We created our own crossword puzzle using the online generator Crossword Labs. Just about any online crossword puzzle generator will work, but we chose this one because it allowed us to create a passcode that could be entered to make edits to the puzzle at a later time. If you use this site, make sure you remember your passcode because once it is forgotten it cannot be recovered. Crossword Labs also has a number of options for sharing your crossword puzzle once it is completed – you can embed it into whichever platform hosts your escape box or give participants Microsoft Word or pdf versions. You can also share your puzzle across popular online services like Facebook, Reddit, LinkedIn, and Twitter as well as lesser known services like Diaspora and Papaly.
Rebus puzzles combine images, icons and words to create secret messages. The Noun Project is a good source for images, and online tools like the Rebus Generator immediately encode the text you type in.
Fill in the Blank
Puzzles of this type make excellent clues because they allow you to re-purpose questions from homework, tests and other course material by rewriting them as fill in the blank questions. To limit student responses use boxes or lines to indicate the number of letters in the answer. Highlight lines or boxes to indicate that the letters or numbers in those spaces are a lock combination or an additional hint.
Jigsaw puzzles make a great digital alternative to physical process cards. Rather than printing out cards that must be sorted into the correct order, take an image of the cards in the correct order and convert it into a jigsaw puzzle.
Add a series of letters, words, or numbers to the cards in the image so that they reveal a combination or clue when participants successfully complete the puzzle. We used Jigsaw Planet to create our puzzles which allowed us to set the level of difficulty for the puzzle and choose the shape of its pieces.
Translation ciphers work by substituting letters with another set of seemingly randomized letters. To create a translation cipher, first write out the message that you want to encode. Next, swap every letter or letter cluster in your message with a different letter or letter cluster. Create a key to help participants decode your message. Cryptii.com makes it easy to create substitution ciphers as well as a number of other types of encoded messages.
In a physical escape box, locks are straightforward – you simply need a combination or keyed lock along with clues that guide participants to the combination or key. However, your digital escape room may require you to get more creative. We chose to use Google Forms to lock away our secrets. With Google forms, you can make the combinations for your locks any words, numbers or letters of your choosing. You can also add in hints when participants enter an incorrect combination. Google Forms gives you the ability to view and timestamp participant responses which is particularly useful because it allows you to keep track of which group finishes first and it helps you to choose winners in the event of a close tie.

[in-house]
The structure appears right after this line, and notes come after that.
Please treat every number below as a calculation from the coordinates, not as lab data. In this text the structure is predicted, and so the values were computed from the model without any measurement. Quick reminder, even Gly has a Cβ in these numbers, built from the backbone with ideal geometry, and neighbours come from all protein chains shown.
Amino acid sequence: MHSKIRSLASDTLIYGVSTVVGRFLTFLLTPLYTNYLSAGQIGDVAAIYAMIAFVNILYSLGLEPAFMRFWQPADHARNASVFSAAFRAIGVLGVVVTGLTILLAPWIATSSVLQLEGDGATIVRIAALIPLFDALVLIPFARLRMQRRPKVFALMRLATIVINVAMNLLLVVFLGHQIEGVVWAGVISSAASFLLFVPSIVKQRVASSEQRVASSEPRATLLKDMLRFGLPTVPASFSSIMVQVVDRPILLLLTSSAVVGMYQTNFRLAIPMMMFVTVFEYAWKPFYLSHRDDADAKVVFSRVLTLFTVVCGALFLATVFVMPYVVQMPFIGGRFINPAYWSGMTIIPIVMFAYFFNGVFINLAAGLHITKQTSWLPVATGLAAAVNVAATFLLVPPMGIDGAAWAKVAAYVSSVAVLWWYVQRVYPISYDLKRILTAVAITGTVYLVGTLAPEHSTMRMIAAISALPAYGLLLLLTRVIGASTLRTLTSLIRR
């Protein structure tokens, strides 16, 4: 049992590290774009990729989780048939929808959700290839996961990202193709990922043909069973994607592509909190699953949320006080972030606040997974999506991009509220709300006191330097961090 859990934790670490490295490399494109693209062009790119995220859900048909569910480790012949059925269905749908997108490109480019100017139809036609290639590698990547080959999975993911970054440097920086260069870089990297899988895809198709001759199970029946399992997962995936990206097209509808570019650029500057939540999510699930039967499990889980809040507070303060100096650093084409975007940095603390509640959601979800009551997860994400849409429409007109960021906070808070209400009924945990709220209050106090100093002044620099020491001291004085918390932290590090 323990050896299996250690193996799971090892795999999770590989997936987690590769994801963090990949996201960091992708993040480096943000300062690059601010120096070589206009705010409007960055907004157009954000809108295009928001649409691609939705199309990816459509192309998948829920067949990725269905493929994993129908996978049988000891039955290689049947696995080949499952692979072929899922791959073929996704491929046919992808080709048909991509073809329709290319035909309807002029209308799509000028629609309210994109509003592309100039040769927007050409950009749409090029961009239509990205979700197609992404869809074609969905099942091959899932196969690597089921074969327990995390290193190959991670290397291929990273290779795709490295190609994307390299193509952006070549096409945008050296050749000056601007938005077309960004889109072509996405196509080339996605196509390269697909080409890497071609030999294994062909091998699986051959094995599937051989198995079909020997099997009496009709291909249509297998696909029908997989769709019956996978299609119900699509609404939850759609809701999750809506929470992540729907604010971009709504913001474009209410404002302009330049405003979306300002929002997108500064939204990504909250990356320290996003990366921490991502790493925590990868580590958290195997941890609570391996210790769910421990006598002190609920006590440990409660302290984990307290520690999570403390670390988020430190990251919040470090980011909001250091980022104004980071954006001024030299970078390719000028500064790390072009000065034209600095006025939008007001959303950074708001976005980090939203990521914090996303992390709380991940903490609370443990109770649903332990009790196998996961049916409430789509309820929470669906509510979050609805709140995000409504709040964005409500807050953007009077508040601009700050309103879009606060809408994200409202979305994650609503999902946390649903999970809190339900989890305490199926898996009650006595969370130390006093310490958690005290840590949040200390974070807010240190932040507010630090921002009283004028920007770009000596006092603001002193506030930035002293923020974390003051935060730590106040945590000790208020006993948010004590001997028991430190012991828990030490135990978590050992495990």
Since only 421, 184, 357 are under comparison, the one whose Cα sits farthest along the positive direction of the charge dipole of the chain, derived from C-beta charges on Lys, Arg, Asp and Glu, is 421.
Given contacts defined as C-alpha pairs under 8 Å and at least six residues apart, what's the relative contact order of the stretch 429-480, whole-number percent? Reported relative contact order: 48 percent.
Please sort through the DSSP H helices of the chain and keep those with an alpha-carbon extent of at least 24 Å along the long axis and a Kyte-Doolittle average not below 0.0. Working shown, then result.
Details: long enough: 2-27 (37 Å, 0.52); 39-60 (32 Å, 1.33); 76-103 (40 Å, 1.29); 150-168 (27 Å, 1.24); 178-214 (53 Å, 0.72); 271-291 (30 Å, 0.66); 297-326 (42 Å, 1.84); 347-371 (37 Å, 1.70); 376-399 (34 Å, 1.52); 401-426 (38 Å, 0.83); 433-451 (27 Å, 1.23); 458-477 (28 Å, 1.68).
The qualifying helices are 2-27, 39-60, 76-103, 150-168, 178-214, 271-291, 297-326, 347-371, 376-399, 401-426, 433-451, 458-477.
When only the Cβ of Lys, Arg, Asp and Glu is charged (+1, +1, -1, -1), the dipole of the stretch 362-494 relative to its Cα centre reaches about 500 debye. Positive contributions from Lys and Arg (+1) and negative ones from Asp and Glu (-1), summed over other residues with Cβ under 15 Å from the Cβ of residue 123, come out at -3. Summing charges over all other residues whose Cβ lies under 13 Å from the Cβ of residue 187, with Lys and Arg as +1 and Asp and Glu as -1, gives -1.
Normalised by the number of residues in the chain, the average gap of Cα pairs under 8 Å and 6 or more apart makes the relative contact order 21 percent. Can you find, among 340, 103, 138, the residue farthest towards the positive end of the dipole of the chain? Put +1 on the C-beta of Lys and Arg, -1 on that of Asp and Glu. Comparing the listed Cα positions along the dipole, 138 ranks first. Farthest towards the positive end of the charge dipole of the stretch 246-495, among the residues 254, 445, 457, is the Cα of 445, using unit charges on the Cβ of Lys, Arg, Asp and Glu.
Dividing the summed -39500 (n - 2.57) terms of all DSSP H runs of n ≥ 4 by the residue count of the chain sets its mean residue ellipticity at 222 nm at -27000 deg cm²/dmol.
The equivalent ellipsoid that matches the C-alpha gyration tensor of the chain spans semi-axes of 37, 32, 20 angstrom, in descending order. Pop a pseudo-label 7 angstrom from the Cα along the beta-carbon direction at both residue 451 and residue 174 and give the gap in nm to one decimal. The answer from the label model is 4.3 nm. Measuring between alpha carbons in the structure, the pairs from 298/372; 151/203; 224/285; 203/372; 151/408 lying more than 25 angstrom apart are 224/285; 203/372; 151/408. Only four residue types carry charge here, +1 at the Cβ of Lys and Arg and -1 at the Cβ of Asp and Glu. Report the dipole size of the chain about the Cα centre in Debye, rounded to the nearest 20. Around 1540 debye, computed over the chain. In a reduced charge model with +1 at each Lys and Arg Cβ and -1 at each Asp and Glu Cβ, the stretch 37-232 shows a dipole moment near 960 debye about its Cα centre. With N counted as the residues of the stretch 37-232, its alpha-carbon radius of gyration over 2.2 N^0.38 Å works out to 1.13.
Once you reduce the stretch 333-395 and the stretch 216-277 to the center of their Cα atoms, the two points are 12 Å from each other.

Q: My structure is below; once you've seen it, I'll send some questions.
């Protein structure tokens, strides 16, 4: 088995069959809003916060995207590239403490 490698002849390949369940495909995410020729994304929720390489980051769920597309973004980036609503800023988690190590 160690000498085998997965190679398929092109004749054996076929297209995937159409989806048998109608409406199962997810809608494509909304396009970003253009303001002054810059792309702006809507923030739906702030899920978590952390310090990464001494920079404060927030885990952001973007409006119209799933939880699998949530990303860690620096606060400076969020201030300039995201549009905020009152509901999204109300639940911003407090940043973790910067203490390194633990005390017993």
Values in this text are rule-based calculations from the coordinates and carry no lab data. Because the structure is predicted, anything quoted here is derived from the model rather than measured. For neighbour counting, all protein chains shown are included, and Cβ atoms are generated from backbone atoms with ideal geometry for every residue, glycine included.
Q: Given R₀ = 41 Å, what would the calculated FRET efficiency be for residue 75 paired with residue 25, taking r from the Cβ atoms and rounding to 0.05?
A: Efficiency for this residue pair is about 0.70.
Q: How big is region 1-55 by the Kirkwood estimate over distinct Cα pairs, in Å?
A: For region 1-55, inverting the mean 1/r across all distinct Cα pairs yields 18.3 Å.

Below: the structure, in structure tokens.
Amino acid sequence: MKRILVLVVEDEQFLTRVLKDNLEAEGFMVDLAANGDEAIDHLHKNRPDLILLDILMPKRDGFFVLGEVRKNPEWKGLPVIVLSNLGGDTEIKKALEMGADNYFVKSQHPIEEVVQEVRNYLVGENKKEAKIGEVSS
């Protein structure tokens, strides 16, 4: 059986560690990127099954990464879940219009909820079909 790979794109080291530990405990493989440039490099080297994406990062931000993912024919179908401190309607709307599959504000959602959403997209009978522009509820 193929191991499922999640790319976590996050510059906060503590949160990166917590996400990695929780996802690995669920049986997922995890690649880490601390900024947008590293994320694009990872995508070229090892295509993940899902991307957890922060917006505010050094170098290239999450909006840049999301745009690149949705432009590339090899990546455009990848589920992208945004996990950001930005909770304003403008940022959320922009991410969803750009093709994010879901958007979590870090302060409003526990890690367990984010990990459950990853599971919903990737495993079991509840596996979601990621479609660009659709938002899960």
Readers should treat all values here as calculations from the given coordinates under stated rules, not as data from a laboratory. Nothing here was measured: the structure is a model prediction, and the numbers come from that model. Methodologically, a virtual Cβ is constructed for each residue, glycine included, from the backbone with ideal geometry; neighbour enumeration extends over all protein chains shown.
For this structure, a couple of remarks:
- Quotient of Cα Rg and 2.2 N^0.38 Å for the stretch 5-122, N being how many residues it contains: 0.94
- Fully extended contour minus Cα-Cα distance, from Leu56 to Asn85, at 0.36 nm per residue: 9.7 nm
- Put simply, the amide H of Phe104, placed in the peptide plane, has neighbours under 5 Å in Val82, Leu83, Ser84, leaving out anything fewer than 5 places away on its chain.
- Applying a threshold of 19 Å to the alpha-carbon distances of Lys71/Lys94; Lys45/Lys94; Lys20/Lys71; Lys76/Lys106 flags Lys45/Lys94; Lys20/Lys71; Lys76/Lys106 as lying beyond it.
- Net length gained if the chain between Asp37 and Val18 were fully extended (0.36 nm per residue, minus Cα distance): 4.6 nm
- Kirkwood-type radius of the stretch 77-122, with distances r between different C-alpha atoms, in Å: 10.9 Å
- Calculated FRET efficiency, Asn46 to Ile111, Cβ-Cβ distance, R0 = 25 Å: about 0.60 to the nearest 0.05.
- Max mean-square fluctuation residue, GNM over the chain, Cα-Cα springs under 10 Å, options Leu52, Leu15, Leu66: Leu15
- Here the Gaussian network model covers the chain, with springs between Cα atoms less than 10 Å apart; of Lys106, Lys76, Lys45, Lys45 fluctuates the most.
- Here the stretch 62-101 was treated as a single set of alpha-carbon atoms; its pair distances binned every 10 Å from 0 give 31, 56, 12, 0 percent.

Before you use your digital escape box in the classroom, provide a link to a group of users who will evaluate its design. Before we officially launched our escape box, we provided a test link to 12 of our colleagues and had to make quite a few revisions after they tested it. Ask test users to make notes on which puzzles seem too hard or too easy and use their feedback to adjust them accordingly. This testing phase is also a good opportunity to make sure that the escape box is as accessible as possible. Makes sure that your site is easy to navigate. Take the time to add captions to videos and adjust the text contrast to ensure readability for all users.
When it is time for the activity, divide the participants into groups, and give them a link to the escape box. If you are conducting a synchronous online session, separate each participant group into their own online “rooms.” Take the time to explain the rules, and go over any keys or legends that will be used. Find a few volunteers who can float around the online rooms and offer hints or explain any rules that are unclear. Finally, offer a prize to the first group to successfully complete all of the puzzles.
Please share any resources you find with the Center for Teaching Excellence.
Ch00k. (2020, August 18). Digital Escape Rooms with ThingLink & Google Forms. Retrieved August 27, 2020.